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Exposure to nitrogen dioxide is not associated with vascular dysfunction in man

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Original languageEnglish
Pages (from-to)192-198
Number of pages7
JournalInhalation Toxicology
Issue number3
Publication statusPublished - Feb 2010


Objectives: To investigate the effect of nitrogen dioxide exposure on vascular vasomotor and six fibrinolytic functions.

Methods: Ten healthy male volunteers were exposed to nitrogen dioxide at 4 ppm or filtered air for 1 h during intermittent exercise in a randomized double-blind crossover study. Bilateral forearm blood flow and fibrinolytic markers were measured before and during unilateral intrabrachial infusion of bradykinin (100-1000 pmol/min), acetylcholine (5-20 mu g/min), sodium nitroprusside (2-8 mu g/min), and verapamil (10-100 mu g/min) 4 h after the exposure. Lung function was determined before and after the exposure, and exhaled nitric oxide at baseline and 1 and 4 h after the exposure.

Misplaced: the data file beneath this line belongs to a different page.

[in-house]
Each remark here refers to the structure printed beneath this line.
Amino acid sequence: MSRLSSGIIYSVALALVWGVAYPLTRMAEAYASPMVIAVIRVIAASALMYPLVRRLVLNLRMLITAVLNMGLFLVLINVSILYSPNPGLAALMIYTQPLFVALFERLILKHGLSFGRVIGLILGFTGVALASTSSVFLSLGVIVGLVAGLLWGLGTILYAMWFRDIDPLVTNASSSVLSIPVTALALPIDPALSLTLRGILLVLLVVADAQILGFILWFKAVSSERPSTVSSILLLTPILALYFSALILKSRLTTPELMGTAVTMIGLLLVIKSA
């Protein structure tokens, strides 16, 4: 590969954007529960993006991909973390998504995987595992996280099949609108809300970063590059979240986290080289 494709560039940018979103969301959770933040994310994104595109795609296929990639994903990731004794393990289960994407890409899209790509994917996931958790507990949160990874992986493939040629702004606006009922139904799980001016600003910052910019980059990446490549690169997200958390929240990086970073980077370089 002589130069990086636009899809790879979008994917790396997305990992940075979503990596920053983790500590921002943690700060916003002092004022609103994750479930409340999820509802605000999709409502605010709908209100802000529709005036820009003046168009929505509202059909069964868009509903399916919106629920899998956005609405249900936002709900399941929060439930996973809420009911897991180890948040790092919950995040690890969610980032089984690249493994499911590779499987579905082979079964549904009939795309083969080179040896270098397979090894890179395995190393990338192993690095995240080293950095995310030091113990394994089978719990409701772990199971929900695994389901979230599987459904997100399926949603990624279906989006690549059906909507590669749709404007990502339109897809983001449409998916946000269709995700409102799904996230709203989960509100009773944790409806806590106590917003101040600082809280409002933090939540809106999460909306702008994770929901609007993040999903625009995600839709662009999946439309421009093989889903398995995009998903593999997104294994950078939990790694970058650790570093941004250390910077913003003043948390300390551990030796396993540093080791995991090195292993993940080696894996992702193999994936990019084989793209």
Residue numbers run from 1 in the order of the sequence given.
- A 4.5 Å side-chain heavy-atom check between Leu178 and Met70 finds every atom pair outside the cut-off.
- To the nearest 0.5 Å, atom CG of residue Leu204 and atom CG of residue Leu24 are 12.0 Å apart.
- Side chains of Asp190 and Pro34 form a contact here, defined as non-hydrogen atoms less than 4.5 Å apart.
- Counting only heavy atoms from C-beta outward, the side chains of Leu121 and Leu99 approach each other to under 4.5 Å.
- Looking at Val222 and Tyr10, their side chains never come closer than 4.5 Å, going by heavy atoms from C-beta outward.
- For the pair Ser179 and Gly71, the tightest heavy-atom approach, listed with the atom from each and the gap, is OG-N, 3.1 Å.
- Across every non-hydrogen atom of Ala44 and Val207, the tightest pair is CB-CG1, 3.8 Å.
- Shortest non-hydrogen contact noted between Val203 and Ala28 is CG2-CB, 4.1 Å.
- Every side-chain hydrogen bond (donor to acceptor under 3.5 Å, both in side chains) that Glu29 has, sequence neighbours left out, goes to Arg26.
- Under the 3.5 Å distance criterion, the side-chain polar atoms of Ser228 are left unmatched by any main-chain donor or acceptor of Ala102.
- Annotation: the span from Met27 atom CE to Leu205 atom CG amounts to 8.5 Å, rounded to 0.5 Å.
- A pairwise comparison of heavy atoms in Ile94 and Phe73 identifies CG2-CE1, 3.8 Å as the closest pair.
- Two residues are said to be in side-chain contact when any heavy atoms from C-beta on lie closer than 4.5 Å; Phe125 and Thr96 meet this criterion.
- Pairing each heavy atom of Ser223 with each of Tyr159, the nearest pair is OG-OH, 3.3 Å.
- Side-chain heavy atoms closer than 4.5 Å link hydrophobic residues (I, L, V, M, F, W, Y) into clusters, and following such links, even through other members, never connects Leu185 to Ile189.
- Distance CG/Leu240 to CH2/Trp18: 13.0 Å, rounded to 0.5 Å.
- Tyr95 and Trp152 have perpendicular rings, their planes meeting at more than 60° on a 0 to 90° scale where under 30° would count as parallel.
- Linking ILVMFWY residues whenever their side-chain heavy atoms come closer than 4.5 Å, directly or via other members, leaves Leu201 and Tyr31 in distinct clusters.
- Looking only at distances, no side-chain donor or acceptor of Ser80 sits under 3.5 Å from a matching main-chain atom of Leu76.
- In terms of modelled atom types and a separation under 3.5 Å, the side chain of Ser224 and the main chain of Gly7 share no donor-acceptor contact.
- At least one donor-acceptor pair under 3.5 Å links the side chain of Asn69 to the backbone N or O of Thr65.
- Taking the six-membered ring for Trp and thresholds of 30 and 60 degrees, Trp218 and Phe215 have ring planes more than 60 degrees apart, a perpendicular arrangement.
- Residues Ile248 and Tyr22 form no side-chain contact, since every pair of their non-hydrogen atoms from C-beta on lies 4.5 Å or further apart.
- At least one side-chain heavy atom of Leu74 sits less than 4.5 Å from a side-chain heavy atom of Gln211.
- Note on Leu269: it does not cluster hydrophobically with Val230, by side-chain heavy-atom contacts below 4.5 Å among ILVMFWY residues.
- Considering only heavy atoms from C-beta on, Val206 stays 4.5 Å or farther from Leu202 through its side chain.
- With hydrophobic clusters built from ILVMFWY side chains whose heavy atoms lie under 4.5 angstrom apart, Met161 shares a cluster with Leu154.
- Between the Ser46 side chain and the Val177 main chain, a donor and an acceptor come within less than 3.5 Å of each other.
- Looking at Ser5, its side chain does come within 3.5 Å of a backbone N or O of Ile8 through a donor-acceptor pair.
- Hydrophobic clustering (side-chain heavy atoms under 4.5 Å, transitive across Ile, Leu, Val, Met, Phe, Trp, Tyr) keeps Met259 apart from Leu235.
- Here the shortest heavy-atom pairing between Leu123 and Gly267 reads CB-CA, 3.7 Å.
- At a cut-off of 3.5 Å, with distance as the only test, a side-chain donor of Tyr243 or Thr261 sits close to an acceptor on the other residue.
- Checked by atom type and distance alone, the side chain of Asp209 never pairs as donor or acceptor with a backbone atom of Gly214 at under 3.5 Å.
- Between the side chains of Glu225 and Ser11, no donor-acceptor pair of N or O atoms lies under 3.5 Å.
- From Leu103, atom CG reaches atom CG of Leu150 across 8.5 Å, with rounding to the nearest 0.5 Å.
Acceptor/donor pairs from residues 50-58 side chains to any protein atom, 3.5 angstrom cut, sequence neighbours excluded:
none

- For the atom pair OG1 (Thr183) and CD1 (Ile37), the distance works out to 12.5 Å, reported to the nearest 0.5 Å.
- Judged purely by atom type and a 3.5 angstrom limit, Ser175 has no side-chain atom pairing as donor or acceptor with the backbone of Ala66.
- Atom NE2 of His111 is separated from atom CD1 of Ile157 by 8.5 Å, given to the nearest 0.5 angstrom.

Results: There were no differences in resting forearm blood flow after either exposure. There was a dose-dependent increase in forearm blood flow with all vasodilators but this was similar after either exposure for all vasodilators (p > .05 for all). Bradykinin caused a dose-dependent increase in plasma tissue-plasminogen activator, but again there was no difference between the exposures. There were no changes in lung function or exhaled nitric oxide following either exposure.

Conclusion: Inhalation of nitrogen dioxide does not impair vascular vasomotor or fibrinolytic function. Nitrogen dioxide does not appear to be a major arbiter of the adverse cardiovascular effects of air pollution.

ID: 2533532